In a letter to Senate leadership, 22 Senators, mostly from non-oil and gas states, repeat the incorrect $330 million value number misquoted by EDF and then go on to claim that $26.5 million is lost from just three states, Colorado, New Mexico and Wyoming. The ICF study estimates only $27 million in lost royalties nationwide, figuring in all the major natural gas producing states, not just three.
Fact: At most, BLM claims (page 9) the rule will recover about $10 million to $16 million in royalties annually, not the full $27 million that ICF estimates as lost because BLM focuses on just production equipment. But even BLM’s more modest estimate is inflated because it’s based on a range of projected prices that are higher than actual market conditions. An analysis from economist John Dunham using actual market prices of natural gas prices found $3.68 million in new royalties at the most. On the other hand, he finds the rule would shut in 112.4 million barrels of oil. That amount of oil is worth over $6 billion at today’s prices and would garner over $750 million in royalties. He also finds that the $3.68 million in additional royalties would be more than offset by $114 million in lost federal and state taxes annually. The rule would result in a net loss of $110 million in government revenue annually.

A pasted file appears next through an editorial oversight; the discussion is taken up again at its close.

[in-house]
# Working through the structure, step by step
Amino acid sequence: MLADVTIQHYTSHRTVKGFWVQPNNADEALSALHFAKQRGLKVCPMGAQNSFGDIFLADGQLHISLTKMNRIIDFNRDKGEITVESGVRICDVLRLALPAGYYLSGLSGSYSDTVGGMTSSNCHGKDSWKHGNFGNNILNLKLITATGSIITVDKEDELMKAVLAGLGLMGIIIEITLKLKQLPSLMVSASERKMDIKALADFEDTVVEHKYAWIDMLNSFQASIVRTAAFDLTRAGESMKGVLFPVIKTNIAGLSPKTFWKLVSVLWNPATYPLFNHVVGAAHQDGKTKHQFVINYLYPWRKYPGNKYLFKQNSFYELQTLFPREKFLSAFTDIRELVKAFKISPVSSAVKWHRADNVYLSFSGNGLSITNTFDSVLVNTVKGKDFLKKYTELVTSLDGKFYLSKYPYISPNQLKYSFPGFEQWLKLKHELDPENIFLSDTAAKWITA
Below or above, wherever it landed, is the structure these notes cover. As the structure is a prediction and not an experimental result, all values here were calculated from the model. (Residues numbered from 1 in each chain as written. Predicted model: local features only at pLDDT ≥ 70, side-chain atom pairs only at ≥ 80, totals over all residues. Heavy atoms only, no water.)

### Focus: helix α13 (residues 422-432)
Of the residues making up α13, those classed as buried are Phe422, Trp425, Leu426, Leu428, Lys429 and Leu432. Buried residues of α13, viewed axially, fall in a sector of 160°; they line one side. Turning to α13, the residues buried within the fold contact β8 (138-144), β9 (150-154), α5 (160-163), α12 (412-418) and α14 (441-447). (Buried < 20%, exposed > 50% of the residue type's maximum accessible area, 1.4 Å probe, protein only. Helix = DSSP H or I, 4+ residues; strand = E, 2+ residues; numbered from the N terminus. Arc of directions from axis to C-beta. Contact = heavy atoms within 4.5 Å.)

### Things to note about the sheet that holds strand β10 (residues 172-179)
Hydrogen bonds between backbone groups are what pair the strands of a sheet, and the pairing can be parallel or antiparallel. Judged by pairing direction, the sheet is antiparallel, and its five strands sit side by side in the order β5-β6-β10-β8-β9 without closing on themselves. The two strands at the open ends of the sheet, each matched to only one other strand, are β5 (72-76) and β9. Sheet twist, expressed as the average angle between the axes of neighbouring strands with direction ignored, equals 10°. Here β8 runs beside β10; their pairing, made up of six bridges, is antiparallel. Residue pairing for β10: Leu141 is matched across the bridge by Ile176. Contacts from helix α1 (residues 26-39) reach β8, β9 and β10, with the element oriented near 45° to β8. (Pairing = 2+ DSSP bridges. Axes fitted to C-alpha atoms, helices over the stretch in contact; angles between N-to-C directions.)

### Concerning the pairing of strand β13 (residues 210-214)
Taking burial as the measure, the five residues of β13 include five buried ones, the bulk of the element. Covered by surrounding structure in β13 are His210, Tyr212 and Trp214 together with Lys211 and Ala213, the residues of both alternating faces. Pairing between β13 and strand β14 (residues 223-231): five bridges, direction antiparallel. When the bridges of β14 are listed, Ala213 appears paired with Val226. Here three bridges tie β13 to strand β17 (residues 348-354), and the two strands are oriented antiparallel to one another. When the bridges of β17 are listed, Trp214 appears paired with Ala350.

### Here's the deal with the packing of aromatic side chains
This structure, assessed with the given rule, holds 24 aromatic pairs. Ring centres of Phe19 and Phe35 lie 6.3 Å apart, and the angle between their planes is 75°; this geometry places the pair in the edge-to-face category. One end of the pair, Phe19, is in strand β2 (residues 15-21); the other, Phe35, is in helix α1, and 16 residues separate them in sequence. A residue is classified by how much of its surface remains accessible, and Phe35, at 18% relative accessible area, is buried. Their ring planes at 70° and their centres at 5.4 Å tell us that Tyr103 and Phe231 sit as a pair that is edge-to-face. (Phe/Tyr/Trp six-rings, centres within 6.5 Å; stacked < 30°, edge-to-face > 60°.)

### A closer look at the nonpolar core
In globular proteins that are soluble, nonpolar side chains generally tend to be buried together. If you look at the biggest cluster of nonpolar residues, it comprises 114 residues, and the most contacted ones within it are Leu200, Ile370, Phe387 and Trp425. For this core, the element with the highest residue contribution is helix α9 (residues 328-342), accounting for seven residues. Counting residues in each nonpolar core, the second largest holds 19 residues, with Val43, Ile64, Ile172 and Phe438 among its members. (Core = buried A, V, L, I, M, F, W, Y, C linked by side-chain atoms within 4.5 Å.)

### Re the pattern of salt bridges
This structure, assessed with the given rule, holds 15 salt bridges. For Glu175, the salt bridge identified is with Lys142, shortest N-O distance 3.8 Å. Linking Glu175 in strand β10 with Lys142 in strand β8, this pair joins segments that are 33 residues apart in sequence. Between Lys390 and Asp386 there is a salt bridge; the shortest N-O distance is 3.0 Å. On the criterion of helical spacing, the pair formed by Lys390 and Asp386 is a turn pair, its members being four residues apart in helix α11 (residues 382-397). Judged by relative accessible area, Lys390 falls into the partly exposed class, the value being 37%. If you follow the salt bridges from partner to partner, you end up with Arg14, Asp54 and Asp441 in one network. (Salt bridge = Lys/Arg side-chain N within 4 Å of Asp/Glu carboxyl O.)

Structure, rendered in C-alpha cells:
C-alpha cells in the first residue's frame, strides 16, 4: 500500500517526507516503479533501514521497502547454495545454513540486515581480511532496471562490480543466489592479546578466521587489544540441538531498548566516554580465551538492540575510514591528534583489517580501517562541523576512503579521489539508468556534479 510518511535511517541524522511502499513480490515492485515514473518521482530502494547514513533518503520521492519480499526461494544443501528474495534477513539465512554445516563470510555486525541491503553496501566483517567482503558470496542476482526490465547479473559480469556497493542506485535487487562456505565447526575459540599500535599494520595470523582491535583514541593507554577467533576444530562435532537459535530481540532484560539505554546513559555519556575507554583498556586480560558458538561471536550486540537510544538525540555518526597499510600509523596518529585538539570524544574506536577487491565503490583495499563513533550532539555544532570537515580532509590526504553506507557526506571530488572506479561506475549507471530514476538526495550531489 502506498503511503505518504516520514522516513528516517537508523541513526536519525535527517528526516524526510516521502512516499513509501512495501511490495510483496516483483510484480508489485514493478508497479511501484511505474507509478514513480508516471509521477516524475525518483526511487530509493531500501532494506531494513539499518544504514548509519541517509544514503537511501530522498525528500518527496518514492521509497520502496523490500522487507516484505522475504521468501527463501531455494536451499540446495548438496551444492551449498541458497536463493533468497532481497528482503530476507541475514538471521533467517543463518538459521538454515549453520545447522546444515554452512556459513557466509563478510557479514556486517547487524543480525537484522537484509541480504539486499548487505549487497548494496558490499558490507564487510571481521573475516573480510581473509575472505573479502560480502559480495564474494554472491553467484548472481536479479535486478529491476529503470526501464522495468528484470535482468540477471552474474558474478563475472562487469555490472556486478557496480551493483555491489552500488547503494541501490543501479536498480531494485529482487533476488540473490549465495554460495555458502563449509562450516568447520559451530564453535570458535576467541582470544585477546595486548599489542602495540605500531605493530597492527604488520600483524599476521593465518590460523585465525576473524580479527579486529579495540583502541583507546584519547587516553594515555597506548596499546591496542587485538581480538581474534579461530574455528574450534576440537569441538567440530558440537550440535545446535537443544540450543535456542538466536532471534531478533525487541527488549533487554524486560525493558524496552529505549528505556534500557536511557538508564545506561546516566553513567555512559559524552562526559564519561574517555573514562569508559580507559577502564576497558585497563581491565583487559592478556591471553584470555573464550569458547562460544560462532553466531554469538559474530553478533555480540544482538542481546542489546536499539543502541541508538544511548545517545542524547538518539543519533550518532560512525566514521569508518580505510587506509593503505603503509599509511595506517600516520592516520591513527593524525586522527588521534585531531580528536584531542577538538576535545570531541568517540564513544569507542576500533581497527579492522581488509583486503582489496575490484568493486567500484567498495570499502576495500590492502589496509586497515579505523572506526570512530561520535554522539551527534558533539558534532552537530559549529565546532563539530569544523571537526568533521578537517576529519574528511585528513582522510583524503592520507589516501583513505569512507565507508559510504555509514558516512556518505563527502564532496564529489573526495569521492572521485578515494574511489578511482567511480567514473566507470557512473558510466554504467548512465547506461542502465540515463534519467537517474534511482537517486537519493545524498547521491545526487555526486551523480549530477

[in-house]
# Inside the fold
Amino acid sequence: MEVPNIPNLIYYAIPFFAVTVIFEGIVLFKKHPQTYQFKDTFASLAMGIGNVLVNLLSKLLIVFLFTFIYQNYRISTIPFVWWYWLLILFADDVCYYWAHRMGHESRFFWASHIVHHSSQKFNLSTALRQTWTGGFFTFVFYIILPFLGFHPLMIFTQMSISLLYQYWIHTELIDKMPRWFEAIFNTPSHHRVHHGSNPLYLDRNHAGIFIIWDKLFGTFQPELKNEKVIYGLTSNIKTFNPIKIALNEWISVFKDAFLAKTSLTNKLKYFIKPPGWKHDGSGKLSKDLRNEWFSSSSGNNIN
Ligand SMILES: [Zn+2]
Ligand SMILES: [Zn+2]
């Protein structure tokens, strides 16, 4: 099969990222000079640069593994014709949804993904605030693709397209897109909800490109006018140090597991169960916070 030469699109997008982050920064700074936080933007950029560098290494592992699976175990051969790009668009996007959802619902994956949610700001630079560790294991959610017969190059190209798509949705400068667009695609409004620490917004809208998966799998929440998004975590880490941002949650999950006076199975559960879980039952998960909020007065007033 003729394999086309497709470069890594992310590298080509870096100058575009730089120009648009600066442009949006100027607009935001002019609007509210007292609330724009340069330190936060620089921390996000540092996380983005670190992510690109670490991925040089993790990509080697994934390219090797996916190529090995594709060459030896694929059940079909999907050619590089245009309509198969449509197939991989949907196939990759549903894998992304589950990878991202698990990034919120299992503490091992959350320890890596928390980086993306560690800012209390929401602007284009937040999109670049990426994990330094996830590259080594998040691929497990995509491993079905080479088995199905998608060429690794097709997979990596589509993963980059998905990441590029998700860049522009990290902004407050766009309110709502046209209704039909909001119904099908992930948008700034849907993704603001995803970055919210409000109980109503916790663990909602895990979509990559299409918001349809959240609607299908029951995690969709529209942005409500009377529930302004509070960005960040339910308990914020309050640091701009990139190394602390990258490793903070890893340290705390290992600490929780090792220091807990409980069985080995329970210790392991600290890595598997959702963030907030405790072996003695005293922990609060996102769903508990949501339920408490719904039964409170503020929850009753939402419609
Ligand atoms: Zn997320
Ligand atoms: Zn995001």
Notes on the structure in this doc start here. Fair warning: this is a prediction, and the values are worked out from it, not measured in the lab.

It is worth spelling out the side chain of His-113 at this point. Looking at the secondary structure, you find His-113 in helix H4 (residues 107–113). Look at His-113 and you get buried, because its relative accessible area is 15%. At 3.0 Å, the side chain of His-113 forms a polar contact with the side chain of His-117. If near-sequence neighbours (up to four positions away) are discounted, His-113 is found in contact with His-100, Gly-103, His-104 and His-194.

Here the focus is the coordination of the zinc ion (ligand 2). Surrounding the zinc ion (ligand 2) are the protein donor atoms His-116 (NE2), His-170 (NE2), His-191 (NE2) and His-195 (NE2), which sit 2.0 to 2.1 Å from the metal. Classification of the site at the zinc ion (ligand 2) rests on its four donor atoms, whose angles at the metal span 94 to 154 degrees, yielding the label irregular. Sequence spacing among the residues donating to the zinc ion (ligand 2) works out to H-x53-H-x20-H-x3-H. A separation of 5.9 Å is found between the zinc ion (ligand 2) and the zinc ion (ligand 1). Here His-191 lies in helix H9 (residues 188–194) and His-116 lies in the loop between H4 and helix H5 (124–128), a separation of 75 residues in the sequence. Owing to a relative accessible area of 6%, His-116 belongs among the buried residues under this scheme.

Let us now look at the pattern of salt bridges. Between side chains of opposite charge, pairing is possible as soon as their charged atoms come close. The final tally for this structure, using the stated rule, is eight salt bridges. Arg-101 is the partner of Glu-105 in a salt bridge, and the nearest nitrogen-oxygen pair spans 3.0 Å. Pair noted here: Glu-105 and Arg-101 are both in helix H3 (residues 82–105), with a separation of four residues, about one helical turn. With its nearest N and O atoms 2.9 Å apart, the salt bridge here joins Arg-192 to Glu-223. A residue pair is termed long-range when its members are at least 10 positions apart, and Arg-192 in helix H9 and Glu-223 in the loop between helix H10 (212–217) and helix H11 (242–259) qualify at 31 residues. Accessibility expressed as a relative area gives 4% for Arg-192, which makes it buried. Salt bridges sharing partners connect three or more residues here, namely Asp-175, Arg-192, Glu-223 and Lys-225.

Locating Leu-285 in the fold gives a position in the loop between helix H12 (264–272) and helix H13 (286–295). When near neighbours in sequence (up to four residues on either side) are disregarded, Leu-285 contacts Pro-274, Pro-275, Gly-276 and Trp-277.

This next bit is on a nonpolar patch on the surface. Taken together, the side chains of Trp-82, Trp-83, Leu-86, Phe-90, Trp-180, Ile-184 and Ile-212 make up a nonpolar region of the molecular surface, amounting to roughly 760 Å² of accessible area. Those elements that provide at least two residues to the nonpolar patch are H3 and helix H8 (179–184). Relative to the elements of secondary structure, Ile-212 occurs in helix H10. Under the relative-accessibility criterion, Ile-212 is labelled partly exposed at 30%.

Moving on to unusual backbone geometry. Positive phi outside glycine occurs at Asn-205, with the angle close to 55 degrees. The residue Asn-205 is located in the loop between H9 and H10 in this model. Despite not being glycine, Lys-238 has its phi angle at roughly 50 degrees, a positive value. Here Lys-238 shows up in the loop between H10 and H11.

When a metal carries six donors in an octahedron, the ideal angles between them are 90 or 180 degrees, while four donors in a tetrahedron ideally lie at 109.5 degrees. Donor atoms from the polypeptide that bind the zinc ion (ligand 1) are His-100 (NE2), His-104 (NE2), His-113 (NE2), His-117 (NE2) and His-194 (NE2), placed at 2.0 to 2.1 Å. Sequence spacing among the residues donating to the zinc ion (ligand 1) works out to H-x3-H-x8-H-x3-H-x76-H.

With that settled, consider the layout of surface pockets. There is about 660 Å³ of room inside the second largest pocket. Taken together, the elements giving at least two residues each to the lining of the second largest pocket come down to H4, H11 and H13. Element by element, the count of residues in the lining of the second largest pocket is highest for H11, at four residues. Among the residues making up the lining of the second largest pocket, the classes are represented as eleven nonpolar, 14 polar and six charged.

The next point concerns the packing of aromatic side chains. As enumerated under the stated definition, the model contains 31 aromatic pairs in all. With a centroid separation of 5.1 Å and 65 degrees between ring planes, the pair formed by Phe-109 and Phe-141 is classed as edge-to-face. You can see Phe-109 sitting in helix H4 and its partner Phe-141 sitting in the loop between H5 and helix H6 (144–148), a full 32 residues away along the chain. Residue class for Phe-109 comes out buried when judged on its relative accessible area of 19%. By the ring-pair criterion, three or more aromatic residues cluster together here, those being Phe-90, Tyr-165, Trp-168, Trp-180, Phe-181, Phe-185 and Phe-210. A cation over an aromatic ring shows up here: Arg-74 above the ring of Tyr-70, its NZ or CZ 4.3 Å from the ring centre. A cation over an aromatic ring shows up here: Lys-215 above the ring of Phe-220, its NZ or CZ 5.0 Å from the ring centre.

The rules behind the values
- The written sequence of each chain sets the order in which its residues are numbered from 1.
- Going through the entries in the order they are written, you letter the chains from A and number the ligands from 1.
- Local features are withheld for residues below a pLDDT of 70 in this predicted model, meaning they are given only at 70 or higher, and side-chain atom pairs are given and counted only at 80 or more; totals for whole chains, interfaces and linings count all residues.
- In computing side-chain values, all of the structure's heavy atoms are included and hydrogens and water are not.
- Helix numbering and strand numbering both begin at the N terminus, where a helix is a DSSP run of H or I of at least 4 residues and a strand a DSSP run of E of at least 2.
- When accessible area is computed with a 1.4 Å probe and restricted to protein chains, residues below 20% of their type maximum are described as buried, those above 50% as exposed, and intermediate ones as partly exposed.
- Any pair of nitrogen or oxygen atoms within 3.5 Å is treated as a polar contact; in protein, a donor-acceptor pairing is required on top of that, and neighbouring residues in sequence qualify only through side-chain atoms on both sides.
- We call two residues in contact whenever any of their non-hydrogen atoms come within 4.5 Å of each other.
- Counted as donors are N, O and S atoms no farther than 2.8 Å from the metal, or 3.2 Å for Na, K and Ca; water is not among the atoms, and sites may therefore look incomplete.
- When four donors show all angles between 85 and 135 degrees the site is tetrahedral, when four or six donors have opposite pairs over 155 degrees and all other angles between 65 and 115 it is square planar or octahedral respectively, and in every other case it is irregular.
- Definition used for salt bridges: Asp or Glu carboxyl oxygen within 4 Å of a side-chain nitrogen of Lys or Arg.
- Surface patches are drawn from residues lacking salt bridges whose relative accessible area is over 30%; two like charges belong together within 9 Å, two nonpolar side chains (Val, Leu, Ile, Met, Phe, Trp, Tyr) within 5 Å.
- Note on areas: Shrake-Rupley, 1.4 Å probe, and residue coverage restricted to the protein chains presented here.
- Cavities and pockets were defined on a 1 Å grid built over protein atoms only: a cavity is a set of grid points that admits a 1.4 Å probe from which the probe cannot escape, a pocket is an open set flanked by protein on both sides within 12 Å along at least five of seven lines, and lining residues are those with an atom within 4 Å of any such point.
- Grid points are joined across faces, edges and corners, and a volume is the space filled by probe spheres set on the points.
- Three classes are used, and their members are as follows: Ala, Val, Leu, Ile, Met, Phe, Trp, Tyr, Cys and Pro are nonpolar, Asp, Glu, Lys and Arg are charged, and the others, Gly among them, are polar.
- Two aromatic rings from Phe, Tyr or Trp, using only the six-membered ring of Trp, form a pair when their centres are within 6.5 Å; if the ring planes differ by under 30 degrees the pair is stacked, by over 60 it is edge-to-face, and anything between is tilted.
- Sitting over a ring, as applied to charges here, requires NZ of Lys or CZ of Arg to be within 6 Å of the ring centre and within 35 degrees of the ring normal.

Fiction: A large amount of gas is lost from federal and tribal lands.
Fact: Taxpayers for Common Sense (TCS) estimates that from 2006 and 2015, 189.4 billion cubic feet (Bcf) of natural gas was lost from federal lands. That sounds like a lot until 189.4 Bcf is put in context with daily U.S. production of 71.8 Bcf, making it about 2.6 days’ worth of production lost over an entire decade.
ICF International finds that 65.9 Bcf is lost annually from federal and tribal lands. That is less than one day’s worth of U.S. natural gas production, which is 71.8 Bcf. Even using TCS’s estimate of 189.4 Bcf over a decade, it is quite amazing that industry is estimated to have lost only 2.6 days’ worth of production over the 3,652 days of a decade!
Fiction: All natural gas lost on federal lands can be captured.